Transifex's submissions revisited
Transifex is an upstream-friendly Localization Platform. It acts as a single entry point for submitting translations. Translators login to Transifex and submit their translations, Transifex implements all the low-level vcs-specific stuff and commits them upstream.
Using Transifex, translators interact with the projects in a centralized fashion, all the projects are available through Transifex. This helps both the translators access the projects in a few clicks and each project access a big community of translators. Apart from that, Transifex hides the low-level vcs commands. Translators usually are not technical-skilled people, they they don't and shouldn't need to know 4 or 5 version control system just to submit translations.
Transifex is now used in production mode in the Fedora Project and is heavily adopted by the Fedora Translators. Although Transifex is a proven and working platform, some architecture limitations seem to arise.
Currently developers receive translations directly at their project's version control system. No other option is available because Transifex's codebase is tied in with a vcs submission style. We want to create an abstract submission mechanism. On top of that we can build from regular vcs support and email delivery, to generated rss feeds and filing trac and bugzilla tickets.
The submit mechanism will be accessible through json, based on this interface we will build a CLI client, so that translators can send their translations directly from their terminal without using the web interface.
A json-accessible submission will also be the base of a future federated architecture where Transifex web instances can collaborate and send translations to each other.
The problems with the current architecture
- A larger set of submit options. A lot of developers don't want to give access to their projects at all, the want to pull translations from Transifex, receive them via email or they want them to be filed as a trac or bugzilla ticket. The current code base doesn't provide the abstractions layers to implement this functionality.
- Translators find the web-based workflow time-consuming. They want to submit easily and quickly through a command-line interface.
- We want a more maintainable code base. Separating the submit mechanism in a different module will help both frontend and backend developers.
- Debugging the version control subsystem can be quite difficult, we have no tests for the current code so the developing procedure runs slowly because we can't test the code easily.
- We want more contributors. Transifex code is not easily extensible. We want to make it easier for new contributors to join us.
The plan is to build a separate submission module accessible both as a python module (web submissions) and as a web service (json submissions). As a part of that we will write tests that coverage the submission mechanism thoroughly and write extensive documentation for the submission system.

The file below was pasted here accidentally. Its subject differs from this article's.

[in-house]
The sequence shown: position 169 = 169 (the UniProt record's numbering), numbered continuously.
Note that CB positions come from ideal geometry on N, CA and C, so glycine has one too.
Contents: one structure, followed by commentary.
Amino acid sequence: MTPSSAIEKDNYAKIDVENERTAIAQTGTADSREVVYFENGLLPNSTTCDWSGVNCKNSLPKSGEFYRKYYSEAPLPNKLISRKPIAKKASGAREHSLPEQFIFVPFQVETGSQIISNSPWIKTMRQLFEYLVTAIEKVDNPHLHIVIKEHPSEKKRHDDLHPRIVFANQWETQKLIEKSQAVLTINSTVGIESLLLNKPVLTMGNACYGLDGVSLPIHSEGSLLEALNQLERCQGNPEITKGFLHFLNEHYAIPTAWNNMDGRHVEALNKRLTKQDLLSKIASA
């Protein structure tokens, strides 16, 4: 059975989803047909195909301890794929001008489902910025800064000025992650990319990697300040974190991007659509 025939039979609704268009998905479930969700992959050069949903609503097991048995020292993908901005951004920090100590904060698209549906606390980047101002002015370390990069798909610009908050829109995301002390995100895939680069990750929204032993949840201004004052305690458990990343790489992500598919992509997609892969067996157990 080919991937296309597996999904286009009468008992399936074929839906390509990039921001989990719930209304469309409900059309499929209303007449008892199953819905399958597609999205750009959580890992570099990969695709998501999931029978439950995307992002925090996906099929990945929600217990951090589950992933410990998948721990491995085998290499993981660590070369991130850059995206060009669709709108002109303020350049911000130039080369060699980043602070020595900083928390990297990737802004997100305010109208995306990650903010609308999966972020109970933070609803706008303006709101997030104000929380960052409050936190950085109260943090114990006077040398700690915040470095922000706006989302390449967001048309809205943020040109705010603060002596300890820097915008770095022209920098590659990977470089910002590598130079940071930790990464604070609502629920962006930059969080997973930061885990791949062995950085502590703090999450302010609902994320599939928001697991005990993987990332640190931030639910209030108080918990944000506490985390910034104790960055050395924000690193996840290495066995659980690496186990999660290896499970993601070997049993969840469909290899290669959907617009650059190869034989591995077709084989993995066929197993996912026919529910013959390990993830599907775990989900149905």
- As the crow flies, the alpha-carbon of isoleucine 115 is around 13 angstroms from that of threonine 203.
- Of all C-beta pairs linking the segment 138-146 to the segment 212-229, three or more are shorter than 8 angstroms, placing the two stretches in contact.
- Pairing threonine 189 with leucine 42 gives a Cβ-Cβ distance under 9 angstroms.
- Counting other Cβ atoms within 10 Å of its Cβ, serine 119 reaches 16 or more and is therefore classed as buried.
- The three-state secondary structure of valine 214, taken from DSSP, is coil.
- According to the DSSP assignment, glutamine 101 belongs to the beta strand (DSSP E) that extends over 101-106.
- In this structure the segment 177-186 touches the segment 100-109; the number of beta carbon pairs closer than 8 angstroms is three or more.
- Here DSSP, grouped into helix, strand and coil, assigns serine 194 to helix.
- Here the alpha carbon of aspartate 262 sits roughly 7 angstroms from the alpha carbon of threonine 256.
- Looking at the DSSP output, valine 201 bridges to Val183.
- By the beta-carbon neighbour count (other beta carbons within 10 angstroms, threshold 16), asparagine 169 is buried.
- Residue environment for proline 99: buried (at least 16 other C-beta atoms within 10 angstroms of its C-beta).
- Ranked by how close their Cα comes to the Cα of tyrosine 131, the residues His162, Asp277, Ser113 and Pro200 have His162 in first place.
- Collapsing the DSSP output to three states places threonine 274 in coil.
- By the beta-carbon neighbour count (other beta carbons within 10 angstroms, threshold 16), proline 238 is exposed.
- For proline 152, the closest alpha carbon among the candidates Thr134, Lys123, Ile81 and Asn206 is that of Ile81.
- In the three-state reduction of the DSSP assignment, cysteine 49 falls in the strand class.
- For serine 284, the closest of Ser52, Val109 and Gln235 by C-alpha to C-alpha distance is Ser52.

On top of that module:
- We will rebuild the current vcs-specific submissions methods. Also, as a proof-of-concept, we will implement a set of other submission methods.
- We will build a Transifex command line client, so that translators can submit their files through the terminal.
- Submission module accessible as a python module
- Submission module accessible as a web service (json)
- Command line client
- New submission methods
- build in a abstract and extensible way
- 3rd party plugins made easy
- A Working instance of Transifex using the new submission system.
- A Working command line client.
- 15 April - 30 April: Make design decisions, discuss details with the project developers.
- 1 May -30 May: Core functionality
- 1 June - 7 June: First prototype of git commits.
- 8 June - 5 July: Submit mechanism for other vcs.
- 6 July - 30 July: Other submit methods, json support.
- 1 Aug -15 Aug: Command-line Client.
My name is Christos Trochalakis and I am an undergraduate student in the Computer Engineering Department at the University of Patras, Greece. I' am actively involved in the Fedora Project, and a member of the Greek Fedora Community.
I have been already developing for Transifex for the past months. During this period Dimitris Glezos (the project maintainer) and I have had the opportunity to discuss the importance of an abstract submission system for Transifex and how to implement it.
I am a web developer and an opensource enthusiast. For the past two years I have dedicated myself to python, Django (a web-framework similar to TurgoGears) and git (the well-known distributed vcs). I enjoy Version Control theory and I am familiar with all the version control systems supported by Transifex.